Hong Kong’s leaders must address the grievances fueling nearly two months of protests, the American Chamber of Commerce (AmCham) said yesterday, as the business community becomes increasingly alarmed by the chaos engulfing the financial hub.
The once stable territory is reeling from weeks of protests against the government that show no sign of abating.
What began as a mass display of opposition to an extradition bill in March has morphed into a wider pro-democracy movement that has thrown down the most significant challenge to Beijing’s authority since the former British colony returned to Chinese rule in 1997.
Moreover, there is growing frustration over the seeming inability — or unwillingness — of Beijing and the territory’s leaders to offer compromises or a solution that might end the political crisis.
AmCham said “a clear majority” of its members felt Hong Kong’s leaders needed to do more to address core protester demands, including an independent inquiry into the unrest and a permanent withdrawal of the extradition bill.
“The government should take immediate and tangible actions to address the root causes of recent demonstrations and restore confidence in the city’s status as Asia’s pre-eminent international business and financial centre,” it said in a statement.
AmCham president Tara Joseph said the administration of Hong Kong Chief Executive Carrie Lam (林鄭月娥) needed to “show clear leadership in meeting the expectations of Hong Kong people and in restoring the city’s international reputation for effective governance.”
“A clear majority of our membership surveyed over the past week said the government needs to address the underlying causes of the protests and not simply to paper over the cracks of social instability with a short-term law-and-order fix,” she added.
The statement follows a similar rebuke last week from the Hong Kong General Chamber of Commerce, which also called for a permanent shelving of the extradition bill and an inquiry.
Lam has faced growing criticism over her response to the crisis, both from opponents, but also within the civil service and the territory’s pro-Beijing establishment ranks.
Beyond agreeing to postpone the widely loathed extradition bill, she has made few compromises.
She has also made few public appearances in recent weeks, despite the unprecedented scenes of violence. Over the weekend she was pictured visiting a Chinese army barracks in the territory.
Beijing has backed Lam and issued increasingly shrill condemnations, dismissing protester grievances and portraying the rallies as a foreign-funded conspiracy.
POINT-BLANK RANGE: Reporters and camera people from several outlets say police officers in Minneapolis had fired tear gas and rubber bullets directly at them Multiple journalists on the ground in Minnesota said they were teargassed and subject to other attacks by police on Saturday evening, a day after the widely condemned arrest of a CNN reporter live on air. Los Angeles Times journalist Molly Hennessy-Fiske, who was reporting outside the Fifth Precinct in Minneapolis, said she was with a group of about a dozen journalists when the Minnesota State Patrol “fired tear gas canisters on us at point blank range.” “I was saying: ‘Where do we go?’ They did not tell us where to go. They didn’t direct us. They just fired on us,” she said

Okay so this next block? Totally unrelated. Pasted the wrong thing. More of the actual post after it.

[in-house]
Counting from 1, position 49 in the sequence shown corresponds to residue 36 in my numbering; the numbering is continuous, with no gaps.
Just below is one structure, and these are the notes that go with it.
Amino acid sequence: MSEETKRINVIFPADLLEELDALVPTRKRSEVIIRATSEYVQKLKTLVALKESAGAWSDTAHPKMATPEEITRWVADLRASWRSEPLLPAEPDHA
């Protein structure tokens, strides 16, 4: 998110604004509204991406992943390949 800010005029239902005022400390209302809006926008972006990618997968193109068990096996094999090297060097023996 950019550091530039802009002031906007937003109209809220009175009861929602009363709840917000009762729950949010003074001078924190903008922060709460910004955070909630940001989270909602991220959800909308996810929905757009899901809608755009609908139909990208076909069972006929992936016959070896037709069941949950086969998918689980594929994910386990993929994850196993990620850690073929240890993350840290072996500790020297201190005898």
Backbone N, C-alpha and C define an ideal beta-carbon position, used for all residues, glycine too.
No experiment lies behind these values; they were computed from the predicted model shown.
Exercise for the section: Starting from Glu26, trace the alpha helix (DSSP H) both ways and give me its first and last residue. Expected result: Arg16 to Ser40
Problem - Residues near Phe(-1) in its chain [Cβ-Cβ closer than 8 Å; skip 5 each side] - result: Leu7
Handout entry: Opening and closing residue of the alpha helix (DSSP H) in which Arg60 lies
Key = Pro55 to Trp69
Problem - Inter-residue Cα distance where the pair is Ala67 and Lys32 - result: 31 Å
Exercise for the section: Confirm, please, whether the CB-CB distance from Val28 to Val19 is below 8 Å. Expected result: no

For nearly a decade, the UN Security Council has been frequently paralyzed by Russia’s obstinacy over the Syrian crisis. Today, however, it is the US-China rivalry that has infected a growing array of issues, according to officials and diplomats. As recently as 2017, an understanding between Washington and Beijing allowed the UN on three occasions — involving separate sets of economic sanctions — to project international unity in the face of the North Korean nuclear threat. Three years later, the COVID-19 pandemic has seen a ferocious competition erupt between the UN’s two main contributors, prompting UN Secretary-General Antonio Guterres on May
INDIA Pride to be preserved The nation would not let its “pride be hurt” in its latest border flare-ups with China, but is determined to settle the dispute through talks, Minister of Defense Rajnath Singh said in a television interview late on Saturday. “Situations arise with China. It has happened before,” Singh said, adding that the government was striving to make sure “tension does not escalate.” The government has turned down US President Donald Trump’s offer to mediate, he said. IRAN Speaker says talks futile Newly elected Parliament Speaker Mohammad-Bagher Ghalibaf yesterday said that any negotiations with the US would be “futile.” The nation’s
PANDEMIC BIGOTRY? The convener of a community group said that COVID-19 did not cause racism in Australia, but the incidents were a symptom of a bigger issue Anti-Discrimination New South Wales (NSW) has recorded a surge in anti-Asian racism during the COVID-19 pandemic. The state anti-discrimination body said that it received 241 official complaints from Jan. 1 to April 30. Of those, 62 were on the grounds of race — an average of four complaints a week — including reports of people being abused or spat at in public, harassed for wearing a mask and car windows being smashed. Those statistics do not include more serious complaints referred to the NSW police, rather than Anti-Discrimination NSW. Anti-Discrimination NSW president Annabelle Bennett said that the agency had experienced an “increase in